there are a lot of fancy sweets out there with exotic ingredients, but sometimes all i really want is a prototypical chocolate chip cookie.  that said, it can be remarkably difficult to find a good chocolate chip cookie, and there are quite a lot of bad chocolate chip recipes floating around.  i’ve followed recipes that resulted in cookies that were too cakey, too crispy, too hard or what not.

a few years ago, jacques torres started turning out chocolate chip cookies and selling them at his chocolate shops.  they are divine — he keeps them on a hot plate (at his Hudson Street store at least), so they arrive in your hands warm, chewy, oozing with melty chocolate.  jacques also generously published his cookie recipe  some years back.  the secret to his cookies lies in his copious usage of chocolate.  he doesn’t use chocolate chips, rather chocolate chunks that he cuts from blocks of chocolate. i’ve been using his recipe ever since, although i have simplified and modified it a bit over the years.  i’ve also corrupted his recipe with my usage of chocolate chips, so i suppose, i can’t really say they resemble jacques’ original recipe very much at all.

Chocolate Chip Cookies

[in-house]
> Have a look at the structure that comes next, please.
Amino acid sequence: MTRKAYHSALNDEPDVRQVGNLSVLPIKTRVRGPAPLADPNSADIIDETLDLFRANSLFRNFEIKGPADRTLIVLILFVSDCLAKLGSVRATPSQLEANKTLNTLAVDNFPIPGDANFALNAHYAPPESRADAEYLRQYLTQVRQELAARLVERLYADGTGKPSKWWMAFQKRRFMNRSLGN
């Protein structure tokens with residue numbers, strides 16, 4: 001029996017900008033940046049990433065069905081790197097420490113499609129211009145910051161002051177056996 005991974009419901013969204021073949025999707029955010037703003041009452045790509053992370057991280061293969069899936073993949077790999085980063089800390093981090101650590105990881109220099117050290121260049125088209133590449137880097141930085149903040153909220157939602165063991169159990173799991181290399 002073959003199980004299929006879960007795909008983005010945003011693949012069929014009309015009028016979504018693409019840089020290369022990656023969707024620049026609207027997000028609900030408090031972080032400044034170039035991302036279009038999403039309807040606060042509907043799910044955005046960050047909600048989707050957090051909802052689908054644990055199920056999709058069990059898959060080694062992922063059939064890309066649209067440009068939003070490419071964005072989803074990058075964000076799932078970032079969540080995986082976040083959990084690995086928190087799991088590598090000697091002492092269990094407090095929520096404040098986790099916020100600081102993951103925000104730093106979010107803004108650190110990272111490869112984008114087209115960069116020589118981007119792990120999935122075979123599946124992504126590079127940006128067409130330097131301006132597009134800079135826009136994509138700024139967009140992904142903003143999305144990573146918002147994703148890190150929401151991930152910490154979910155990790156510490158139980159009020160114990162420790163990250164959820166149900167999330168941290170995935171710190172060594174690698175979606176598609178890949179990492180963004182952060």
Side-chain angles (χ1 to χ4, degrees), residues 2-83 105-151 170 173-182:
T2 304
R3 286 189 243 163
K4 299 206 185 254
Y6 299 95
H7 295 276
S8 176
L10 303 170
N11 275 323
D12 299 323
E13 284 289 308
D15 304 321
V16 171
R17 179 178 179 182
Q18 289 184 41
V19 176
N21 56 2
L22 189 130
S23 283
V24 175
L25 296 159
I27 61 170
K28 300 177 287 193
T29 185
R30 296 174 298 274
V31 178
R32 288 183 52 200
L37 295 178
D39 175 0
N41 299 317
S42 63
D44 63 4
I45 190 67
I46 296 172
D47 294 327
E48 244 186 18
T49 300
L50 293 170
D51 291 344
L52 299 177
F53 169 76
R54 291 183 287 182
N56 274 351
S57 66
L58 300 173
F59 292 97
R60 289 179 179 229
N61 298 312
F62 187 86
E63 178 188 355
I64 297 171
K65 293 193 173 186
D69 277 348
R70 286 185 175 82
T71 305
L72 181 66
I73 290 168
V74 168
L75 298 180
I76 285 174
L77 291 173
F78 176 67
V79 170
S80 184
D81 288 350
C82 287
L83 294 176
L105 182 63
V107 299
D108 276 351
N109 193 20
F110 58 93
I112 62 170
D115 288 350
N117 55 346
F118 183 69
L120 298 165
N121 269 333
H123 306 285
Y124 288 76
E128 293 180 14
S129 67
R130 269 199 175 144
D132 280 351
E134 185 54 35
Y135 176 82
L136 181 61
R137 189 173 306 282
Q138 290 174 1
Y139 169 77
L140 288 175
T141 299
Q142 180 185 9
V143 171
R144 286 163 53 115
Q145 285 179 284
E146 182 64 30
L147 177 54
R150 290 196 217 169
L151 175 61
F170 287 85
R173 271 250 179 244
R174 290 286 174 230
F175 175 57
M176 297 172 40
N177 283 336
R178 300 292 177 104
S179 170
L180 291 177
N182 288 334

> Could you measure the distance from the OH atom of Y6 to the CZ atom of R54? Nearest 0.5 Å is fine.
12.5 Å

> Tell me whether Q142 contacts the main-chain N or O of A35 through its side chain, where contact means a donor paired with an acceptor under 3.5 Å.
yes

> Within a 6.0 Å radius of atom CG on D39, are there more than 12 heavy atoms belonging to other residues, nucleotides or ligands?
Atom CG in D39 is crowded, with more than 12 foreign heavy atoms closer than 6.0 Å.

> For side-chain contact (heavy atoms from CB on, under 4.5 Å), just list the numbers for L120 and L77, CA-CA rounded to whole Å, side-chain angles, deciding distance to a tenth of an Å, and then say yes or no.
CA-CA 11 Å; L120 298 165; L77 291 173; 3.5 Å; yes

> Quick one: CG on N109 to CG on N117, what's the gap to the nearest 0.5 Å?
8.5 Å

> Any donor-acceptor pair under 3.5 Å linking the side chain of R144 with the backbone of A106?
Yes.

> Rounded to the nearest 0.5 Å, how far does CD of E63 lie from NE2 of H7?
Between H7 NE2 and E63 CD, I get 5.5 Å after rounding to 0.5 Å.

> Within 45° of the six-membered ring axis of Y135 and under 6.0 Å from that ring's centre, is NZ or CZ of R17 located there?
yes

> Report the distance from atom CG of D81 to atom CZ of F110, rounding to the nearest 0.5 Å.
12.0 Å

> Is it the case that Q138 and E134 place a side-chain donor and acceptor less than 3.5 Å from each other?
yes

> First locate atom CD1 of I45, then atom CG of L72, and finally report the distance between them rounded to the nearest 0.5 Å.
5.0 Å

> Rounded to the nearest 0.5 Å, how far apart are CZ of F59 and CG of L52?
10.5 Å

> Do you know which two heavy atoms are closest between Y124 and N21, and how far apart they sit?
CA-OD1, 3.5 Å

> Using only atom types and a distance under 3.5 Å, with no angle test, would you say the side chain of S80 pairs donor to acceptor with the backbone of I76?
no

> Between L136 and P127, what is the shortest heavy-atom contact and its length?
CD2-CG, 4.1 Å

(makes 2 dozen large chocolate cookies or about 4 dozen 1.5 inch cookies)

Butter 225g at room temperature
Sugar 130g
Light Brown Sugar 225g
Eggs 2 large ones
Vanilla 1 ½ tsp
Flour 525g
Baking powder 1 tsp
Baking soda 1 tsp
Salt 1 ½ tsp
Chocolate chips 300g [good quality chips, like Ghirardelli, are highly preferable — they come close to emulating the chocolate chunks that jacques cuts from blocks to make his cookies]
  1. Whisk together flour, baking powder, baking soda and salt in a bowl and set aside.
  2. In the bowl of your stand mixer with the paddle attachment, cream the butter until it is soft and creamy.
  3. Then add in the sugars.  Whip until the mixture is light and fluffy.  You may need to intermittently stop the mixer and scrape down sides.
  4. Slowly add in the eggs, one at a time, followed by vanilla.
  5. When the mixture is well incorporated, turn your mixture down to the slowest speed and add in the flour mixture in two parts until the ingredients just come together as a dough.
  6. Add in the chocolate chips until evenly distributed. [Mixer should be on slowest speed]
  7. To make large cookies, use an ice cream scooper with a lever to drop the cookies onto a baking sheet about 1 inch apart (the cookie dough doesn’t spread too much).   Alternatively, you can form the cookie dough into a 1.5 inch diameter log, set aside in your refrigerator for at least 1 hour, and then sliced 1/4 inch thick for baking.
  8. The large cookies should be baked for about 18 minutes at 350ºF and the 1.5 inch diameter cookies at about 12 minutes.

apples, pears and almond cream in a pâte brisée tart shell